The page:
Physical demands of soccer competition vary between playing positions. Previous research investigated total, and high-speed distances, with limited research into acceleration demands of competition. Research investigating speed and acceleration demands have utilised arbitrary thresholds, overlooking the individual nature of athlete locomotion. The current investigation was the first utilising individual speed and acceleration thresholds, investigating the relative intensity of activities. Relationship between match outcome and physical outputs were also investigated. GPS data from 44 professional matches was collected using 10-Hz GPS and 100-Hz accelerometer devices. 343 observations were divided by playing position, and match result, with differences in GPS metrics analysed. Central midfielders produced the highest total distances, and moderate-intensity acceleration distances (p < 0.01). Wide defenders and attackers produced the highest very high-speed running, sprinting, and high-intensity acceleration distances (p < 0.01). Central defenders produced the lowest values for all metrics (p < 0.01). No significant differences were found between GPS metrics for differing match outcomes (p > 0.05). In addition to differing tactical and technical roles, soccer playing positions have specific physical demands associated. Current results allow overload of individual training intensities relative to competition. No relationships were evident between GPS metrics and match outcome, suggesting soccer success is the result of superior technical and tactical strategies.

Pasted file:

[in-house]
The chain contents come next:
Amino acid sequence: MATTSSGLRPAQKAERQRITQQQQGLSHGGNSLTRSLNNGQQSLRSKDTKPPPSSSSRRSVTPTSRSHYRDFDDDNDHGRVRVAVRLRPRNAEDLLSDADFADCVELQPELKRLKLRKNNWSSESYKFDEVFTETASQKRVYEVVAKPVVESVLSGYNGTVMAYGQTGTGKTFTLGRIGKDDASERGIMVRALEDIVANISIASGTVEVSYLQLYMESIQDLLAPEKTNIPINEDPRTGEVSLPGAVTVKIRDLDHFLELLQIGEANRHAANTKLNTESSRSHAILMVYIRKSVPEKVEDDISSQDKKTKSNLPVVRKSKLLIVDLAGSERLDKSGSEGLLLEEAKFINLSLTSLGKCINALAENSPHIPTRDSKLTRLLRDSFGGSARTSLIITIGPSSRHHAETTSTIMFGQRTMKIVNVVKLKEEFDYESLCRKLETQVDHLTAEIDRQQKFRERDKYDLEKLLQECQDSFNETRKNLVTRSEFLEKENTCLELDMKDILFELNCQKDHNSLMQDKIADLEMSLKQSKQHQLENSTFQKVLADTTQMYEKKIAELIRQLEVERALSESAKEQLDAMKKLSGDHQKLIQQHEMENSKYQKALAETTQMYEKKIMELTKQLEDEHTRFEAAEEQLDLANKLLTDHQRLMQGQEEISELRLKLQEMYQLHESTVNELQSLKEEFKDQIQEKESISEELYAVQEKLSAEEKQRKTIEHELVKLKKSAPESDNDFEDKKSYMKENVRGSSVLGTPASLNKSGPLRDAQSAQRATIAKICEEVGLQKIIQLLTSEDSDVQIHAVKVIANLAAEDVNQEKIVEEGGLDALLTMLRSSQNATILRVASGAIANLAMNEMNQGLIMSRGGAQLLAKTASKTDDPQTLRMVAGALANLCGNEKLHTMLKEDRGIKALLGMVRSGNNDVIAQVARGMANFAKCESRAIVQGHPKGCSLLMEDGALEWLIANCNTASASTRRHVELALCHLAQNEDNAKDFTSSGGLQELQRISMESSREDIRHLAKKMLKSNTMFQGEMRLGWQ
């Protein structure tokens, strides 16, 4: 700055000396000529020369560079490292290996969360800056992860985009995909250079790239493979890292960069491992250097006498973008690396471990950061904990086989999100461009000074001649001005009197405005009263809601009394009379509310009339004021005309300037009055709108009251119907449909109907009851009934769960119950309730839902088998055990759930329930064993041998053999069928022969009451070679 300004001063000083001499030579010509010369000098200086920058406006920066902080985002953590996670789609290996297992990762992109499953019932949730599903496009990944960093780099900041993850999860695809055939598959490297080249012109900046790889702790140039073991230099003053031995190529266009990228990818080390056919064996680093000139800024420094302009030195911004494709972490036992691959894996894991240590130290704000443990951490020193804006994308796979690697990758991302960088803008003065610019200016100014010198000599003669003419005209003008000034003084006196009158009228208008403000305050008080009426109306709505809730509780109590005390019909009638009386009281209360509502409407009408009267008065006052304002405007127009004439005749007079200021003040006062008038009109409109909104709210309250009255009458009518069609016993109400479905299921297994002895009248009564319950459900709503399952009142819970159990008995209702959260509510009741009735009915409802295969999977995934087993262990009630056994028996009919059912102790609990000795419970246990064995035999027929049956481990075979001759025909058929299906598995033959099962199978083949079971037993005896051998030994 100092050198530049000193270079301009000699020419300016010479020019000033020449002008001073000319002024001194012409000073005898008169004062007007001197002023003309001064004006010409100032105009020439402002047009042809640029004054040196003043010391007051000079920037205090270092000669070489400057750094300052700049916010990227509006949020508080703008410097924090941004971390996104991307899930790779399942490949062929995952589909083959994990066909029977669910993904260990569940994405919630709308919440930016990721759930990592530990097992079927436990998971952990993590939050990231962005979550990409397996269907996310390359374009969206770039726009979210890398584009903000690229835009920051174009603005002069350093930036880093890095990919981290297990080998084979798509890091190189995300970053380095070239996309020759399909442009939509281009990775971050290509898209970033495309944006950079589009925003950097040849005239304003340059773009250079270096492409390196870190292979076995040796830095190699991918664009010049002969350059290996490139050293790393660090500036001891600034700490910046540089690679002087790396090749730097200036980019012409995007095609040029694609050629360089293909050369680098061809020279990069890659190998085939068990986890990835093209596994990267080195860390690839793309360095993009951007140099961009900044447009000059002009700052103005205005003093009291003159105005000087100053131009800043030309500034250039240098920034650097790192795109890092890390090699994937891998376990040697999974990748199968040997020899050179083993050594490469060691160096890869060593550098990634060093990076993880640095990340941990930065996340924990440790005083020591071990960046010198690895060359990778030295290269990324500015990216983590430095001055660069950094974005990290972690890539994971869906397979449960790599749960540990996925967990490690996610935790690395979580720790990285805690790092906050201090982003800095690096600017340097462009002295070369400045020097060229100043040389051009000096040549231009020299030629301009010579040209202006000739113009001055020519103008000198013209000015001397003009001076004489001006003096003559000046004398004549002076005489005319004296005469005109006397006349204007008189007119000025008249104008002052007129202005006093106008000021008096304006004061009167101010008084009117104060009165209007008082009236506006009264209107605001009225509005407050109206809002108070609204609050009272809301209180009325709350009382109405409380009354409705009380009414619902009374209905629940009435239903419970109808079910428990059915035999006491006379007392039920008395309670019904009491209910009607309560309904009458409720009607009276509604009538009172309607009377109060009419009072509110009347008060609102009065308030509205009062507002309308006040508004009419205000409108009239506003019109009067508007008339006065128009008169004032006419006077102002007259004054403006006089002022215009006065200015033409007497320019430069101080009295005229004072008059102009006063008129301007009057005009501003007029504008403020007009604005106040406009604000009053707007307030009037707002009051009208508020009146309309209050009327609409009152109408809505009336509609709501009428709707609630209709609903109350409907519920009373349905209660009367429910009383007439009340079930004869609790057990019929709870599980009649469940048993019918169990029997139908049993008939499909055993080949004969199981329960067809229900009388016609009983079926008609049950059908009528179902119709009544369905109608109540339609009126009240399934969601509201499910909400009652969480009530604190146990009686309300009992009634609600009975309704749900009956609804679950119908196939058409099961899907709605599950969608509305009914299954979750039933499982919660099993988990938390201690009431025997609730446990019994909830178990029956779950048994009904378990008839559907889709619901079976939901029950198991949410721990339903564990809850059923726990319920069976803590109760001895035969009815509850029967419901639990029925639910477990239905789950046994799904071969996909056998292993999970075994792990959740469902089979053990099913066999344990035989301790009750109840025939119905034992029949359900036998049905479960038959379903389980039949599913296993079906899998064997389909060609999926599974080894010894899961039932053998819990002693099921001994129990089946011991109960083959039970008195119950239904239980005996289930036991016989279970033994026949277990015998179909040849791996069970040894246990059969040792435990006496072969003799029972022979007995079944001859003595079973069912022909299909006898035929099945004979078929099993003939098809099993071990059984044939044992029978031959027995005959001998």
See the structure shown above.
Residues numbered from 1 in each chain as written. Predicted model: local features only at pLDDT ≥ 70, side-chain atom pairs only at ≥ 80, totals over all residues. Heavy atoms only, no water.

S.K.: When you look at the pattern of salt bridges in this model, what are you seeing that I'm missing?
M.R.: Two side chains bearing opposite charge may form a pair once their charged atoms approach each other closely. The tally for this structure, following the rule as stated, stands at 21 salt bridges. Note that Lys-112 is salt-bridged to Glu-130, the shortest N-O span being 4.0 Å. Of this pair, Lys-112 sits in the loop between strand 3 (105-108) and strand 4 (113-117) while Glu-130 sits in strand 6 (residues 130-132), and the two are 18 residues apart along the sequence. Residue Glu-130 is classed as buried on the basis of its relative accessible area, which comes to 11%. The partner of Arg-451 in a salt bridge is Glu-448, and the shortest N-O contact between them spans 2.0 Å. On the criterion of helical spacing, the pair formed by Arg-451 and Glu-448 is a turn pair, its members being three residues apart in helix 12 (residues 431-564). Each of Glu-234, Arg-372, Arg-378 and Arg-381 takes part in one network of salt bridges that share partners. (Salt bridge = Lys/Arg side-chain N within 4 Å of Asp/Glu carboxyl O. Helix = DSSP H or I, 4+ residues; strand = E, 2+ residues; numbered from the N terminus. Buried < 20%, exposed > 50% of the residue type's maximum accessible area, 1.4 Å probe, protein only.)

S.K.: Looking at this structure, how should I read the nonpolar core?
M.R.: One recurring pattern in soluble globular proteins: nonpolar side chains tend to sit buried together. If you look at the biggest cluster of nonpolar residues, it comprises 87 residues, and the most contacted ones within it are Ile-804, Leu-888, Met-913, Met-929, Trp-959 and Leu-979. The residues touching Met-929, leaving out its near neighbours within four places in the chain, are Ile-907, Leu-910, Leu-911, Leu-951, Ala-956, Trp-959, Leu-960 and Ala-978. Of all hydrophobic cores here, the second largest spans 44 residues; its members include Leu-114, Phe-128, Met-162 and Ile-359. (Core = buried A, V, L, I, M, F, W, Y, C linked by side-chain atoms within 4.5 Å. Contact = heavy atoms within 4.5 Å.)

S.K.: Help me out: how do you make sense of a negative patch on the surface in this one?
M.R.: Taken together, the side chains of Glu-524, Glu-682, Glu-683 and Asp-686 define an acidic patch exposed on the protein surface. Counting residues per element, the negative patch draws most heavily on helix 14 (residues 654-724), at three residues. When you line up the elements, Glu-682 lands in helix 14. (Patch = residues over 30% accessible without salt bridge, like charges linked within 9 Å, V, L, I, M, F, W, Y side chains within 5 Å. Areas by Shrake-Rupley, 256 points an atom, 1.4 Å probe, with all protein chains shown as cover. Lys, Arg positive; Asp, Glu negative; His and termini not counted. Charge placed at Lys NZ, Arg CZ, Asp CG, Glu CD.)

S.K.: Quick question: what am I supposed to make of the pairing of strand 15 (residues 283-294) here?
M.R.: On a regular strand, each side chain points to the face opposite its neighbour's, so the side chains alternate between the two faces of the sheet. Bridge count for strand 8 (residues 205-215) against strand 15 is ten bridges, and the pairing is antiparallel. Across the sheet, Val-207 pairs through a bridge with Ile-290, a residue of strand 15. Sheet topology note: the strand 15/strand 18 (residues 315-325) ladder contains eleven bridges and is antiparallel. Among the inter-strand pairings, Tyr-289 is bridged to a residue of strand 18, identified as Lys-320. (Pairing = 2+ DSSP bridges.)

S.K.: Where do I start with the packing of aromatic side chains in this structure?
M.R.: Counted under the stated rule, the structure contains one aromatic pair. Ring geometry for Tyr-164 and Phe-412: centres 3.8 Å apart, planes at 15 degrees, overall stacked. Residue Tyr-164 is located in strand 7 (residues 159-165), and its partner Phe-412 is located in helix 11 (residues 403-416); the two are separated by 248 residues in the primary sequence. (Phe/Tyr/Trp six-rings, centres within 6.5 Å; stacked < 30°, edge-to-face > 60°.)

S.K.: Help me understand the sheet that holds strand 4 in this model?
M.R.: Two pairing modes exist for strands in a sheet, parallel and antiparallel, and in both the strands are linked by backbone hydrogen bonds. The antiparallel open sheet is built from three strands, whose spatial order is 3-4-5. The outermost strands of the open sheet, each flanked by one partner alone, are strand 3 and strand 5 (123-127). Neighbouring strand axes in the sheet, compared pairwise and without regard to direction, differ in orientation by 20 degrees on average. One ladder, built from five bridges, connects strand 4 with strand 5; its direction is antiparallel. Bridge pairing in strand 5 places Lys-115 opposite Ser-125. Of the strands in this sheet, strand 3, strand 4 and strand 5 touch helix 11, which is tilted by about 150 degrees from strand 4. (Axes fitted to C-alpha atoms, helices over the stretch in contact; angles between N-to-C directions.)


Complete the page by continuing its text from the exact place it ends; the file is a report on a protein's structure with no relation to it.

- Team sports